Students compete in 2nd annual LEGO League event

 

 

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Legos and robotics came together during the FIRST LEGO League (FLL) competition hosted by the David Crawford School of Engineering at Norwich University, as young minds worked together to create purposeful machines.

This was the second visit to the Norwich campus for the LEGO competition and is the only competition of its kind held in Vermont, according to Dr. David Feinauer, an electrical and computer engineering lecturer.
FLL is a unique program with a target demographic of middle-school-aged children with an interest in robotics and is, “innovation on all ends, it’s related to a real world challenge or problem,” Feinauer said.
“The fun factor of robotics is really a hook to get them because of the excitement. Robotics is a hook to get them thinking about science, technology, engineering and math as a means to solving real world problems,” Feinauer said.
The competition gives participants the opportunity to learn that, “they are a valid part of the community and they have a stake in fixing some community problems,” Feinauer said.
“We are dedicated to learning, emphasizing teamwork, leadership, creativity, and critical thinking,” says Norwich University’s guiding values.
The LEGO event is an example of putting those guiding values in practice.
Norwich student Nicolas Wallach, 18, a freshman mechanical engineering from Crossmoor, Fla., volunteered for the event as a way to give back. He began FLL competitions himself in seventh grade
“Aspect of teamwork is a big thing. You learn what every role of a team is, how it works, what a leader does. You can do a lot of things when you work together. Not everything is based on a single person doing something,” according to Wallach
Some of the FLL core values are: “We are a team, we learn together, we honor the spirit of friendly competition, what we discover is more important than what we win, we share our experienphoto 1ces with others, we have fun,” according to www.firstlegoleague.org.
“This was one of my first years learning programing and I found it was so much fun, but I learned how to work with other people who may not be the exactly same, like, grade, but still so much fun,” said participant Katarina Wood, 13, from Montpelier, Vt.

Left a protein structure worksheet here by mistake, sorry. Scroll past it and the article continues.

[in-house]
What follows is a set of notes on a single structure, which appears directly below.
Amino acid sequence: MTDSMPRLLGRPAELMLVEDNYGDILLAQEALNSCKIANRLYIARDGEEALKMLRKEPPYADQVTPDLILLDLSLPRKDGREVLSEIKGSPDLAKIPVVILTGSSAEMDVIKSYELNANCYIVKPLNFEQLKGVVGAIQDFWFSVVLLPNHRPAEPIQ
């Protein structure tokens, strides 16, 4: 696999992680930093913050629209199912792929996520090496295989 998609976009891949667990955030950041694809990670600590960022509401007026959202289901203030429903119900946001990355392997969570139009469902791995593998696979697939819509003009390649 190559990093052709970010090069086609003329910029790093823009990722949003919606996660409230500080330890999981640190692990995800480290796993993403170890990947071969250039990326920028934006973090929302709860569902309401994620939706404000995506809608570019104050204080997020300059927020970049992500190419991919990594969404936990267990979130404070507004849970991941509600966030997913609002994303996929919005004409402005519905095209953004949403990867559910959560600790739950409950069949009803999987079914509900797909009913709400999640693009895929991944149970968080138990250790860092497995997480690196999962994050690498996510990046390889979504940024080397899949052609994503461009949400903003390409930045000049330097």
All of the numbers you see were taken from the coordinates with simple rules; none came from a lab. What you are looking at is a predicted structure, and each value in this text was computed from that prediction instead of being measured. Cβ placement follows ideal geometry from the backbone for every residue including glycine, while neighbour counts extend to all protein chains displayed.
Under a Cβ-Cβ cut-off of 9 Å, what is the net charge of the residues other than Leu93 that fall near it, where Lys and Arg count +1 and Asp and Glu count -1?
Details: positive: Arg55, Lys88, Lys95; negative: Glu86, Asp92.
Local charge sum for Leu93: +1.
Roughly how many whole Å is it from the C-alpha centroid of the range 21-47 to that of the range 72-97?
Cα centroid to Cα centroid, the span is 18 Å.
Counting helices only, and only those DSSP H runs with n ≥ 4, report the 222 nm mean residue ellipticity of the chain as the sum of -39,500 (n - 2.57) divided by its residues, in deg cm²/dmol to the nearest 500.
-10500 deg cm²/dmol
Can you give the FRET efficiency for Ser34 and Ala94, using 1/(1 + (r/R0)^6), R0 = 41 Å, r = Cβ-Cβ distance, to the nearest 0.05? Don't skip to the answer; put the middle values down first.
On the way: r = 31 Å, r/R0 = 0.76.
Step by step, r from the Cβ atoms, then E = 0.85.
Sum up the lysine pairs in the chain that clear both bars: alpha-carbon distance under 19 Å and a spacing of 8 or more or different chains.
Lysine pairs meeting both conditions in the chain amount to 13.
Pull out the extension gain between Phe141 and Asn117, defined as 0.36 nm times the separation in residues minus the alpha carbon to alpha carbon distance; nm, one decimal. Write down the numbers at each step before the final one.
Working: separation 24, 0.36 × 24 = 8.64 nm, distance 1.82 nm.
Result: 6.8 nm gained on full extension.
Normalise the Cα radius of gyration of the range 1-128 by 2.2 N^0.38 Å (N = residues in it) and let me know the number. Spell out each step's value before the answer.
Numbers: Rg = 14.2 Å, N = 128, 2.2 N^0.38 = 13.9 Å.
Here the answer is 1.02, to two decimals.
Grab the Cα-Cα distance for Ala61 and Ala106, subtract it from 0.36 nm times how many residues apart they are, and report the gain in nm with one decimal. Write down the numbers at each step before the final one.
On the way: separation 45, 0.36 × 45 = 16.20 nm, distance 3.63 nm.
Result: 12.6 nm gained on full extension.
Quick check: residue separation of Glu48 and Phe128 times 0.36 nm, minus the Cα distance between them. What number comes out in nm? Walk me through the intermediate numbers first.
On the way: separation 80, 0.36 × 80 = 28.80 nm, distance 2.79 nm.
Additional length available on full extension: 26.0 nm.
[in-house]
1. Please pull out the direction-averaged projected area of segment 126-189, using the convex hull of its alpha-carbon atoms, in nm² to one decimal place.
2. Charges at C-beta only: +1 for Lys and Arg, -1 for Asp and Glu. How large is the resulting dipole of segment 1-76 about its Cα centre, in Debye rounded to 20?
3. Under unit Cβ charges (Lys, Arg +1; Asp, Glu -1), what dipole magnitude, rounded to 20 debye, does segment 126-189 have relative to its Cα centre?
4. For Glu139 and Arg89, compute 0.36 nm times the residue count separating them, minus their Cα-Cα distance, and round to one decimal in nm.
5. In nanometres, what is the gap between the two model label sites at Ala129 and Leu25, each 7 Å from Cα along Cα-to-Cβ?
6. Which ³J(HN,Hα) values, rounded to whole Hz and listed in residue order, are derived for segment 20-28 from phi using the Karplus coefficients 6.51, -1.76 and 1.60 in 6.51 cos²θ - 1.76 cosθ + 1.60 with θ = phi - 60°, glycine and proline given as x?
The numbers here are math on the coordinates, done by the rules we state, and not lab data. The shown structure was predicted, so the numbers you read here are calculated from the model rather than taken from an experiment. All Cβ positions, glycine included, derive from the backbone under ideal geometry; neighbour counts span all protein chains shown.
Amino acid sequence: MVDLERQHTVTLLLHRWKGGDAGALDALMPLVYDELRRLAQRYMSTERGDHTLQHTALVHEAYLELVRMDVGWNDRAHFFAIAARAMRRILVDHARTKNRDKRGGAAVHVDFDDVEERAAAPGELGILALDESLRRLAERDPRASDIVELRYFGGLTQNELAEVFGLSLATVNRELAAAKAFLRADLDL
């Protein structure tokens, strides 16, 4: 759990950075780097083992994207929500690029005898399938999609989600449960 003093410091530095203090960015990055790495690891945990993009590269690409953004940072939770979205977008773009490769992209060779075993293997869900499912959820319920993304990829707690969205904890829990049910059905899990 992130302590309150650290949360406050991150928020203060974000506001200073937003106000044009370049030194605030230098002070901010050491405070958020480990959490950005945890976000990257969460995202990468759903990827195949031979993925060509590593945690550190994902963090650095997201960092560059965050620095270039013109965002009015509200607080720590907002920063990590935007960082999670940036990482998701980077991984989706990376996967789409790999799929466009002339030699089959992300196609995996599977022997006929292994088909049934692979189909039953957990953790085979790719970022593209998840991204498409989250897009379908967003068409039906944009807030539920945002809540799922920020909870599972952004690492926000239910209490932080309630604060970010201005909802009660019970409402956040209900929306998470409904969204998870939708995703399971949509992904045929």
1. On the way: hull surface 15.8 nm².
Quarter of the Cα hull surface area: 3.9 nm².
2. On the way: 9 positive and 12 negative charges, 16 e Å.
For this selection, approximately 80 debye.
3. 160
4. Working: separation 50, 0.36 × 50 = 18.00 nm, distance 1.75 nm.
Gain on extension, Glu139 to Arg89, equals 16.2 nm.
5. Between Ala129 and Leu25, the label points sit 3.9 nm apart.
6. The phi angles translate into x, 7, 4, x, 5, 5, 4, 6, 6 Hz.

Competitors were given eight weeks to draft plans and to test their robots, Feinauer said. “The students both had to design and automate robots that would complete tasks, and the robots are required to complete those tasks and they have two and half minutes to test.”
Aside from the timed portion of the events, students were responsible for researching a topic of their choice which needed a solution and discovering an innovative plan, Feinauer said.
“They have to develop the solution and share it with the community and what kind of feedback they got from their community,” Feinauer said.
Service to the community is a common trait to Norwich’s own campaign theme of service as the school counts down to its bicentennial celebration in 2019.
“This year with the year of service I thought more than ever this is such a wonderful link between Norwich and the theme,” Feinauer said. “With Norwich’s foundation kind of being an experimental education and rethinking education and the theme this year being rethinking education. The way they [kids] are thinking or engaging in that, is through experience,” Feinauer said.
The FLL competition is designed with three elements, “the robot game, project, and FLL core values. The children do all the work from programing an autonomous robot to scoring points on a thematic playing surface, and creating innovative solutions to a problem,” according to www.firstlegoleague.org.
Next year’s theme is, “We’re not talking trash – we’re cleaning it up!” according to Feinauer. The idea is to discover hidden treasures in the unexpected and teach kids about preservation and waste reduction in the process.
FLL is a nonprofit organization based out of Manchester, N.H. since 1998, which designs the competition every year and sets the parameters. Teams are required to pay a registration fees of $225 for FLL for the competition and challenges, and an additional $75 the field setup kit [robot] according to www.usfirst.org.
“The fee they pay to FLL supports their organization, their ability to design the competition and their ability to ensure high quality on all their events, including support for running background checks on every volunteer,” Feinauer said.
Teams also had to pay a fee of $65 to Norwich, “which is well below what it cost to run the event,” Feinauer said. He noted the school had over 80 volunteers and they had to provide food, do setup and clean up and the T-shirts for the event.photo 2
Feinauer said that with the help of more sponsors, especially for the T-shirt costs, more opportunities could open up for different events.
“There is a huge value in creating a Norwich brand,” Feinauer said. “Having all the volunteers uniformly display it both helps with this age group safely identify who the volunteers are and provides friendly, safe place to ask for help and a unique visual to the Norwich volunteer.”

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